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  • {♫Intro♫}

  • Study after study has shown that napping is awesome

  • even for young, healthy adults who

  • get enough sleep at night.

  • On average, people feel better after catching

  • a few Zs, and their brains work better too.

  • Which might make you wonder:

  • should everyone be napping?

  • Well, not necessarily.

  • The answer is more complicated than you might think.

  • Lots of people swear by naps.

  • In the US, for example, about half of adults

  • nap in a given week.

  • And there's been a ton of research on napping

  • which suggests the benefits are impressive.

  • Post-nap, people do better on tests that measure

  • math skills, logic, reaction time, memory,

  • moodall kinds of things, really.

  • And on some tests, a nap

  • is even better than caffeine!

  • But such results are a bit biased,

  • because a lot of this work has been done in people

  • who are either sleep deprived or habitual nappers.

  • And studies suggest the gains for people

  • who nap regularly are so great that

  • even if a study includes non-nappers,

  • the nappers' benefits can skew the results

  • of the whole group!

  • Now, it makes sense that researchers have

  • relied so heavily on nappers

  • and people who are downright exhausted.

  • It's not exactly easy to fall asleep in the middle of the day

  • in a weird lab bedroom

  • with wires attached to you.

  • But, it also means we're only now starting

  • to figure out who benefits from napping and why.

  • And while naps are great on average,

  • not everyone benefits equally.

  • When researchers have taken pains to look

  • at a more representative sample, they've

  • been able to tease out some differences between

  • people who nap regularly and those who don't.

  • Non-nappers typically don't get a cognitive boost

  • from napping; lots of times, they just

  • wake up feeling groggy.

  • And it may be because there are differences

  • in what happens in their brains

  • when they nap.

  • Non-nappers spend more time in deeper sleep,

  • which could make it harder for them to wake up.

  • They also have fewer brain-wave signatures

  • of memory consolidationwhen new information

  • moves into long-term storage

  • which could explain why they don't perform better

  • on memory tests post-nap.

  • But what if non-nappers just need

  • more practice napping?

  • Researchers looked into that question

  • for a study published in 2018.

  • They put non-habitual nappers

  • on a training regimen to try to build their napping skills.

  • Basically, participants took a 20-minute nap,

  • 3 times a week.

  • And, after 4 weeks... it made zero difference.

  • They still had the same patterns of brainwaves

  • during a nap, they woke up feeling

  • just as groggy, and they did no better

  • on cognitive tests.

  • That could be because nap aversion is hard-wired.

  • There's some evidence that it may come down

  • to the gene variations that you're born with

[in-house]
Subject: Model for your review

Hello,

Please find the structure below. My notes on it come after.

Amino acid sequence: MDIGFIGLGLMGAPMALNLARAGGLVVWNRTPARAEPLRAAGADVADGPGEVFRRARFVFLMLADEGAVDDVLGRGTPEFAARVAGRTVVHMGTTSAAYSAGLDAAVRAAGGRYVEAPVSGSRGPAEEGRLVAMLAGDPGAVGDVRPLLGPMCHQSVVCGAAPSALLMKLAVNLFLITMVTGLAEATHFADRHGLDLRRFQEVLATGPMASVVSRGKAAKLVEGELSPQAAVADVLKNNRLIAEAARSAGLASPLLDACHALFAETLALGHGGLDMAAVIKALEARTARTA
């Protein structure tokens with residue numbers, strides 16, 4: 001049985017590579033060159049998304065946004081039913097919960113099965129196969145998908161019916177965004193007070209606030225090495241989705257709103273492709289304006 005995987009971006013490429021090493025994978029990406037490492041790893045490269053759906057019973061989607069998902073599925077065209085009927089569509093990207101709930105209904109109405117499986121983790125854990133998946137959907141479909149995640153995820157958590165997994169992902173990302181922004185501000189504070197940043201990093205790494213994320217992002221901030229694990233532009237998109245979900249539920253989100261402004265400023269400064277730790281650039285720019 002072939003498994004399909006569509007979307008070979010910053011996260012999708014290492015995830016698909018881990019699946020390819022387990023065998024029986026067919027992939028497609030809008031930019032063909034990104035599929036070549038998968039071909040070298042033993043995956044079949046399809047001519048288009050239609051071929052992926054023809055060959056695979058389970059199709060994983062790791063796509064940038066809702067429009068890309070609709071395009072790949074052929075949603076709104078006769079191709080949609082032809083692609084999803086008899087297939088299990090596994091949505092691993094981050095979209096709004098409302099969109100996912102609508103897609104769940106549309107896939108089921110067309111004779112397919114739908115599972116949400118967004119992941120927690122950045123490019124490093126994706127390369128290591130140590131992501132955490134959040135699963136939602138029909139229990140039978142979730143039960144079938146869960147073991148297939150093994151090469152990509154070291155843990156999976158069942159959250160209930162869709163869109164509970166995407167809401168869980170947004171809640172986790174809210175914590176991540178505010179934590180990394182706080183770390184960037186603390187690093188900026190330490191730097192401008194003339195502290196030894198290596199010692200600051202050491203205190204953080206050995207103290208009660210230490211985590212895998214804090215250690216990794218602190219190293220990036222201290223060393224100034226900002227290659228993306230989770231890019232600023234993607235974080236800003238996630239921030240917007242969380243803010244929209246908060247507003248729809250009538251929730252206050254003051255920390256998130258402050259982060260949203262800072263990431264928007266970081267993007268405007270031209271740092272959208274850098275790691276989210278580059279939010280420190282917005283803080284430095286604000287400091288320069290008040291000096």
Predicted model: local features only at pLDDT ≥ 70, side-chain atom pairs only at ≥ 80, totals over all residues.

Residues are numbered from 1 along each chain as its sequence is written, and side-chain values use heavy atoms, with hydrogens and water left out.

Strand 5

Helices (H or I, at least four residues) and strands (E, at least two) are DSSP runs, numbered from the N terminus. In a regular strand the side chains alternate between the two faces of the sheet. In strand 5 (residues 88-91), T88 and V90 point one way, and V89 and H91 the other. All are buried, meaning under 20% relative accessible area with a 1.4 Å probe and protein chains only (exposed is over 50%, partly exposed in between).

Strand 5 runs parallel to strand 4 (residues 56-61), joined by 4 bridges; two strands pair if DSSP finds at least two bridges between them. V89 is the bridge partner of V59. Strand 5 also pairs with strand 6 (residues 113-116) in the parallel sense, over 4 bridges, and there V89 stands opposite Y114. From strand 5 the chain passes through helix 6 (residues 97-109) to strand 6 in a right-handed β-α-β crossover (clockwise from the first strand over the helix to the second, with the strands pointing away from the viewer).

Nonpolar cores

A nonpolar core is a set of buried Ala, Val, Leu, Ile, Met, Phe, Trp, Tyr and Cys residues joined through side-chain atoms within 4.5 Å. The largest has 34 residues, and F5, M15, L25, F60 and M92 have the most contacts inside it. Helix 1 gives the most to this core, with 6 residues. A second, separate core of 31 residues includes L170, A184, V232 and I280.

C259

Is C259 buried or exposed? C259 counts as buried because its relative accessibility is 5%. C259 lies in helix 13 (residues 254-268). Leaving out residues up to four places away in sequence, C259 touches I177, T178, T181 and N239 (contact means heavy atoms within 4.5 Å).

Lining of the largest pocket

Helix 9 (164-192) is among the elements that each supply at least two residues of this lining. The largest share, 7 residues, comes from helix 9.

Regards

• and your childhood napping habits.

  • Non-nappers could just be people who have

  • learned through experience that napping doesn't

  • work for them.

  • Or, it could be that the participants simply didn't train long or hard enough.

  • But even if everyone could learn to

  • nap like the pros,

  • there are a few other caveats to consider

  • before we say they should.

  • For shift workers and people with sleep disorders

  • or atypical sleep schedules, things get even

  • more complicated.

  • And even though older adults

  • are more likely to take naps than younger folks,

  • napping in seniors is associated with higher rates

  • of some pretty nasty health outcomes.

  • There's no direct evidence that napping is causing these problems.

  • But we need more information about this connection

  • before we can say napping is great

  • for this group.

  • Still, if you are a younger, healthy adult who enjoys a good siesta,

  • you'll probably get a lot out of napping regularly.

  • And there's plenty of science

  • that can help you optimize your routine.

  • Research says the sweet spot for nap length

  • is somewhere around 10 to 30 minutes.

  • Anything shorter is not restful.

  • Much longer than that, and you'll wake up groggy.

  • And the best time of day to nap seems to be

  • sometime in the 2 to 5 PM window.

  • This could be because circadian rhythms naturally

  • dip in the afternoon

  • hence that mid-afternoon lull.

  • And that may make it easier to fall asleep,

  • which is definitely an important factor in

  • napping success.

  • But there's also evidence that late-day

  • naps interfere with nighttime sleep,

  • so it may just be that 2 to 5 is early enough

  • to avoid that.

  • So even if you usually avoid naps,

  • you could try following these best practices and see

  • if napping does anything for you.

  • But if it doesn't work out,

  • you don't need to feel bad.

  • Your brain might just work a little differently.

  • Thanks to Rox Manzi for asking,

  • and to all our other patrons who voted for this question

  • in our poll.

  • You can find out more about joining our Patreon community

  • at Patreon.com/SciShow.

  • And one more quick tip:

  • you might get the most benefits of all

  • if you combine your nap with caffeine.

  • We have a whole episode

  • that explains why and how to pull it off

  • so why not watch that one next!

  • {♫Outro♫}

{♫Intro♫}

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昼寝は素晴らしいです...しかし、それはすべての人のためですか? (Napping Is Awesome... but Is It for Everyone?)

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    林宜悉 に公開 2021 年 01 月 14 日
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